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Domestic violence: Find your voice

Many South Africans Domestic still view violence as a private matter but this is a criminal offence, which is punishable by law. Government, through various Departments, has introduced various pieces of legislation to reduce Domestic Violence.
What is Domestic Violence?

According to the Domestic Violence Act No. 116 of 1998 it is:

  • any form of abuse which includes physical, sexual, emotional, psychological or economic harassment
  • damage to property
  • stalking
  • entry into a person's property without their consent
  • any other abusive or controlling behaviour where such a conduct causes harm or may cause harm to your health, safety, or well being
Support for victims of abuse 

There are various specialised/dedicated victim support services and one-stop centres such as:

  • Thuthuzela Care Centres
    These centres are mainly based within health facilities that aim to reduce secondary victimisation, improve conviction rates and reduce the cycle time for finalisation of cases.
  • Khuseleka One-Stop Centres
    These centre provide services for women and children victims of violence such as trauma counselling and psychosocial support, health care, police services,  legal assistance, shelter services to name a few. The centres are open 24 hours for service.
  • SAPS Family Violence, Child Protection and Sexual Offences Units (FCS). The FCS units fight sexual offences against children, person-directed crimes (where the family is involved), illegal removal of children under 12 and electronic media facilitated crime.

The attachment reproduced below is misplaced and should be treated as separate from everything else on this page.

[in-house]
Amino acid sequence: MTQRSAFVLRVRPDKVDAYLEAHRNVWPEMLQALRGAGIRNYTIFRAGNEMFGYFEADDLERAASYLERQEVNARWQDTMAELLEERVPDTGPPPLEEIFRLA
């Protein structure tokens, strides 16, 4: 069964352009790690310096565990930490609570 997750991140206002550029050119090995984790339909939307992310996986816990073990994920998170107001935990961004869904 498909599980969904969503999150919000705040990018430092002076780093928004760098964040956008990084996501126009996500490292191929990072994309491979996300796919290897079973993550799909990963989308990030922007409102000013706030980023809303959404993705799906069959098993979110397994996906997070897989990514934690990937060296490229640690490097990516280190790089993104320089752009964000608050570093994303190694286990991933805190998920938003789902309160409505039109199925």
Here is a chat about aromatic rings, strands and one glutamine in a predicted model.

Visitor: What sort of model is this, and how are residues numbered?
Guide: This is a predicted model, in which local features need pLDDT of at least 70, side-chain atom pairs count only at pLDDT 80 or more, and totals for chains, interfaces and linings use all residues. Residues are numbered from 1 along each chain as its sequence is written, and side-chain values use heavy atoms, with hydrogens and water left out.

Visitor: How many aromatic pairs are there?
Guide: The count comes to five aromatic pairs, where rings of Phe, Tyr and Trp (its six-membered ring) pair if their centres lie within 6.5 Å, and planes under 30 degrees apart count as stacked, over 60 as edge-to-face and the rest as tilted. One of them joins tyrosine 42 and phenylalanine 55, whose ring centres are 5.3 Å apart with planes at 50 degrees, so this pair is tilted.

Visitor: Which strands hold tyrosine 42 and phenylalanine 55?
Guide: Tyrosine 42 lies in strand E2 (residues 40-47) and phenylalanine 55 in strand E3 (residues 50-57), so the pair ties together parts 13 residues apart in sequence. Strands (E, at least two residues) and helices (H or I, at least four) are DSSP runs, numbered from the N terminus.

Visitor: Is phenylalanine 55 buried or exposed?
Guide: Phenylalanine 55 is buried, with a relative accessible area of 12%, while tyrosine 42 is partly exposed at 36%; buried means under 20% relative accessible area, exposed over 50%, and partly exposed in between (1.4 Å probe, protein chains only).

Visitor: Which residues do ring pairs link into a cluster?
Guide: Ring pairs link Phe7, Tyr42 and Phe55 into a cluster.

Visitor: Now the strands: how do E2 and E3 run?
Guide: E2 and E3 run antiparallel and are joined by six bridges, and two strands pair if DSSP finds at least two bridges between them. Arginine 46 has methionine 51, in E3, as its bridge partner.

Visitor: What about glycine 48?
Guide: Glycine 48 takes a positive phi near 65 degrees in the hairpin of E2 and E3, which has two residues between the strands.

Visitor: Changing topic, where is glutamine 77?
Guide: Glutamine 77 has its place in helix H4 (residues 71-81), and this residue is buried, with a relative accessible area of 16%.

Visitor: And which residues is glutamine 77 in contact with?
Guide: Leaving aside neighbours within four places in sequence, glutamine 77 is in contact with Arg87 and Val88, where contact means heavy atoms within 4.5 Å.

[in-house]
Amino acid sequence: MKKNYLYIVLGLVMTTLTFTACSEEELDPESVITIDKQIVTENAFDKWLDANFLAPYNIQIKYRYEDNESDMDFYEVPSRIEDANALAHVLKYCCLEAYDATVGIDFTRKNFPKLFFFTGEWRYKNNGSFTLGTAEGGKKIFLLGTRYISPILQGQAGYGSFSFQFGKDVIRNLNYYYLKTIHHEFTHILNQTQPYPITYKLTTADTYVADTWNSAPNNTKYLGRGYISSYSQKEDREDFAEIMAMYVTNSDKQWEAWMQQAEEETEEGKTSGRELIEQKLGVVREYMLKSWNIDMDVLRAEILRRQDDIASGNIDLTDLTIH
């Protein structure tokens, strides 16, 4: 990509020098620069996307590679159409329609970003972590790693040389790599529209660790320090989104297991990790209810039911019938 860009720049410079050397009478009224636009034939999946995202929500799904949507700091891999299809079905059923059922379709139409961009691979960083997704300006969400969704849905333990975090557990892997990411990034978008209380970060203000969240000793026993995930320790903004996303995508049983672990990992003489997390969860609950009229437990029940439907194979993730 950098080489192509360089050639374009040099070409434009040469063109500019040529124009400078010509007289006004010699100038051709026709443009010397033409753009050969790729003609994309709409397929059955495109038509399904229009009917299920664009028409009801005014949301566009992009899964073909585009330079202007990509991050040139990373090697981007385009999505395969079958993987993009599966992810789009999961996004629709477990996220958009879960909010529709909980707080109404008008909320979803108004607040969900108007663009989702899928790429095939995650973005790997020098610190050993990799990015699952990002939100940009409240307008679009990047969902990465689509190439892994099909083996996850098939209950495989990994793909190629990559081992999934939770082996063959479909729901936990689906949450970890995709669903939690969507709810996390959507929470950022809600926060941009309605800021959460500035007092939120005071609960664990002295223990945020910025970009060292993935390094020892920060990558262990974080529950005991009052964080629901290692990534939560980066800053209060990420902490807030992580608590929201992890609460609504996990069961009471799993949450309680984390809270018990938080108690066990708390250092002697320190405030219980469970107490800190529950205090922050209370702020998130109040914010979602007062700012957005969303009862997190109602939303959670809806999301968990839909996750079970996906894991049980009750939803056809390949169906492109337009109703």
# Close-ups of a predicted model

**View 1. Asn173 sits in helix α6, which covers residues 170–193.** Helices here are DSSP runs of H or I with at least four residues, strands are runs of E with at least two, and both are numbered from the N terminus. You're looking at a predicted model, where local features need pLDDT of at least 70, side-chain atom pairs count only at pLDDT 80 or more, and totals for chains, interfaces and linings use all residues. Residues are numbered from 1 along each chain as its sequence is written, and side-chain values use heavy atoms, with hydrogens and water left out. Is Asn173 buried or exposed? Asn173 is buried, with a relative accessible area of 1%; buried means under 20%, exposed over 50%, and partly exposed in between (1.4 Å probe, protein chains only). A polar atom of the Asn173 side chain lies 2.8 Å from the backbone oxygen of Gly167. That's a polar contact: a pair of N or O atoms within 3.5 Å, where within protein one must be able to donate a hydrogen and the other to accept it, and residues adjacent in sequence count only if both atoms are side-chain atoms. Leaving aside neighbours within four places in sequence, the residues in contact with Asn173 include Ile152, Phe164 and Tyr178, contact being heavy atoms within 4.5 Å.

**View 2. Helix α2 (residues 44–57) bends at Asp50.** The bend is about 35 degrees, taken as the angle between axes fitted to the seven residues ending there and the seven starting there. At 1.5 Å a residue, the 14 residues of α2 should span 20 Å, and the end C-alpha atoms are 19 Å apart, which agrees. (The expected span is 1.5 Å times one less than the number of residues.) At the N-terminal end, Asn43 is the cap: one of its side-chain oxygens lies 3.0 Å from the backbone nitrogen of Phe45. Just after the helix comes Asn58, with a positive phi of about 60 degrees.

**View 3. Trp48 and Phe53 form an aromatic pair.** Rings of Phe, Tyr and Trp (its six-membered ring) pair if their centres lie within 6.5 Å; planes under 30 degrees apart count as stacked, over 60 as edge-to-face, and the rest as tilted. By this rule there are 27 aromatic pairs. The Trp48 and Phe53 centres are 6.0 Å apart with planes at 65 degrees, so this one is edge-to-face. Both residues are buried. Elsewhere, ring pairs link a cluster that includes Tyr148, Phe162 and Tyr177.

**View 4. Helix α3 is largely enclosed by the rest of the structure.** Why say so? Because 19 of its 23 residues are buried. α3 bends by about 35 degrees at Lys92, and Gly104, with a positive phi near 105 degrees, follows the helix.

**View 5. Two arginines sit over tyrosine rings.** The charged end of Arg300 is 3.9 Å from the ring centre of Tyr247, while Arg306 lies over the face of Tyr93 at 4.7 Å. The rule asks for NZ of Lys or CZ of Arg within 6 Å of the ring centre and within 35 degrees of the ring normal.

For help call: SAPS Crime Stop: 08600 10 111 or Department of Social Development Command Centre: 0800 428 428

If you are being abused you have the right to apply for a protection order at the nearest police station or magistrate's court or lay a criminal charge at the police station and apply for a protection order. A domestic violence protection order is a document issued by the court, which protects the victim from the abuser.

 
How to get a protection order in terms of the Domestic Violence Act, 1998 (Act no. 116 of 1998)

Who can apply for a protection order?

Any person who has been in a domestic relationship with the respondent.

When is there a domestic relationship between the complainant and the respondent?

Where they are or were married to one another; Where they live or lived together in a relationship in the nature of a marriage, though they are not; Share parental responsibility over a child; Engaged, dating or customary relationship; Blood relatives or related by affinity or adoption; Share or recently shared same residence.

Against whom can a protection order be obtained?

Any person who is or has been in a domestic relationship with a complainant and who has committed or allegedly committed an act of domestic violence against the complainant. 

Who has the duty to inform the complainant of their rights in terms of the DVA?

A member of the South African Police Service. (Section 2) Form 1 Regulation 2; Notice to complainant in a case of domestic violence.